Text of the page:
This month saw another increase of average prices for new properties coming to the market. Prices have rose by 0.9%, or £3,398 which means that the average asking price for new properties has reached a new record high of £371,158 according to the latest figures.
With there being a shortage of homes on the market, it’s no surprise that competition is still underpin prices.
It appears there is little pressure to decrease prices on existing properties for sale, with the number of reductions sitting at 23%, which is still lower than the pre-pandemic five-year average of 32%.
Asking prices are expected to drop in November and December however the reason behind this is seasonal price changes which is not to be confused with market changes cause by other factors.
Tim Bannister, director of data services, commented: “What’s going to happen to house prices is understandably on the minds of many home-movers right now, especially following the market uncertainty after the government’s mini-budget.
“There has been no immediate effect on prices, but the trend of a slight softening in the pace of growth continues. New sellers coming to market in the month have been pricing strongly, and the number of homes that were already on the market seeing a reduction in price is still well below the long-term average.
“It will take a bit of time for the market to settle in to a new, more ‘normal’ level of activity following over two years of market frenzy, especially with new developments happening almost daily at the moment.”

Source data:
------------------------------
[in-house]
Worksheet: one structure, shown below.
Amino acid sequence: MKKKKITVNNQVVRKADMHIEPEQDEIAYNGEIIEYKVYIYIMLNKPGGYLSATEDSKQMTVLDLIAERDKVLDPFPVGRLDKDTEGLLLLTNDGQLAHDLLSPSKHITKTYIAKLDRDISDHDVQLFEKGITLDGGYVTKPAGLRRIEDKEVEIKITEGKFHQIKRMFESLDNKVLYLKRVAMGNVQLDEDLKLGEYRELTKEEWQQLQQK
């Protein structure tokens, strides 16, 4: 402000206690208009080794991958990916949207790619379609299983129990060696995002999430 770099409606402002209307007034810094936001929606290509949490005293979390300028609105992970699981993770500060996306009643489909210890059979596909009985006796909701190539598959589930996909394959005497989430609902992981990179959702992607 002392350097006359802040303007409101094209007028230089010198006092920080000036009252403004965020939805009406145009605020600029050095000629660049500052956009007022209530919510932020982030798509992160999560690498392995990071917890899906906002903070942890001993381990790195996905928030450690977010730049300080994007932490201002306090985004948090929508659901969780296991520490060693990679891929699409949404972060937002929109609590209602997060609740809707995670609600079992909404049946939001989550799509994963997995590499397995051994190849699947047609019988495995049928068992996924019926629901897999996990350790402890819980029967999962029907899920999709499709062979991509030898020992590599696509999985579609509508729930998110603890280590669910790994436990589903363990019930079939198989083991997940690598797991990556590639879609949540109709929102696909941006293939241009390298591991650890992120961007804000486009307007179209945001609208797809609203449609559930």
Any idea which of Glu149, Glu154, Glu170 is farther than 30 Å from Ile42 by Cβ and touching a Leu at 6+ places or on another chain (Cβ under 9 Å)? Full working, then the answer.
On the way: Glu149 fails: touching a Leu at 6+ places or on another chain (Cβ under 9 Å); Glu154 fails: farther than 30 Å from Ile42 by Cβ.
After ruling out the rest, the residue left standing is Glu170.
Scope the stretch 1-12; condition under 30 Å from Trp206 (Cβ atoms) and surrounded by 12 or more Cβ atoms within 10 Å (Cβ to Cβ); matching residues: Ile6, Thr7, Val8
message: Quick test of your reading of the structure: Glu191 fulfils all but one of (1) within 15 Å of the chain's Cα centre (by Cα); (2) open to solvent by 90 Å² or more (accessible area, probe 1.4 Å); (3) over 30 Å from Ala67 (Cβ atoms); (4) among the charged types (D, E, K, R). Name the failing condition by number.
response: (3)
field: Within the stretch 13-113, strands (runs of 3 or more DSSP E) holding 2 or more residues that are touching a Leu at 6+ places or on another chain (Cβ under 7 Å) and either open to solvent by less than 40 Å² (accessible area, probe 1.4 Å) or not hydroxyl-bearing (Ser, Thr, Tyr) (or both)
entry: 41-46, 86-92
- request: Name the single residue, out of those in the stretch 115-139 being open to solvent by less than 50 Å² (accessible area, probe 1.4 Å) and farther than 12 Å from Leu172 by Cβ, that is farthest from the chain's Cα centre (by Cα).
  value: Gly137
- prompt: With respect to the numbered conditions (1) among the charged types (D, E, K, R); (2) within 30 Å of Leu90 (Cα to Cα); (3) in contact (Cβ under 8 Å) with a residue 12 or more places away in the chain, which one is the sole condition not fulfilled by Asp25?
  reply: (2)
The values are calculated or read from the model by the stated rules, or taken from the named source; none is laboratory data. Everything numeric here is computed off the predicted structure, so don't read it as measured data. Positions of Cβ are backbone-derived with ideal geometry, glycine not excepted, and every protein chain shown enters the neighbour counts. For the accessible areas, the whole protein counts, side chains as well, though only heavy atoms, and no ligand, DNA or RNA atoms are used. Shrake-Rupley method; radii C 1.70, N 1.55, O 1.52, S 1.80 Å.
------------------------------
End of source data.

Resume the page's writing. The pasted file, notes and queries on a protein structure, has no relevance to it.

Many potential home-movers are choosing their put a pause on their home buying plans as a result of the recent hike in mortgage interest rates as they want to see what the next few weeks/months hold.
Demand within the industry has decreased by 15% in the last two weeks compared with the same two weeks in 2021. However, demand is still higher than the normal market of 2019.
Looking at the demand changes in different market sectors, it’s clear that first-time buyers have been affected the most by the higher rates.
First-time buyer demand has decreased in 21% in the last two weeks compared to the same two weeks in 2021.
In terms of regions, Scotland was the only region that saw a slight increase in demand compared to last month according to data company, TwentyCi.
The biggest decline in demand was recorded in the East Midland where demand dropped by 5.67% since the previous month, and outer London found that demand decreased by 5.53% since September.
Bannister commented on the drop in demand within the property market: “The vast majority of buyers who had already agreed their purchase are still going ahead. Some aspiring first-time buyers will have had their plans dashed by the sudden nature of the mortgage rate rises, and now face a difficult situation with rents also rising, and a shortage of available homes to rent.
“Buyer demand was already starting to soften and higher interest rates were anticipated, but they’ve been brought forward sharply due to market uncertainties. Agents report that many of those who managed to secure a mortgage offer at a lower rate before lenders quickly increased them are now rushing through their agreed deal to avoid their offer expiring and facing a higher rate when they come to reapply.
“It’s understandable that some new movers who have the option to wait, may want a clearer view than they’re getting right now before they proceed with a major purchase such as a home.
“With uncertainty over where mortgage interest rates will go, those who can still afford to proceed may decide that waiting too long could come at an even higher cost than taking action to move now, especially if the level of demand continues to outstrip supply and supports prices.”
Although there is a shortage of homes on the market, agents are getting more listings. Figures from the latest Homemover Pulse property market summary shows that there are approximately 263,359 properties listed for sale in the UK which is an increase of 8.75% in September.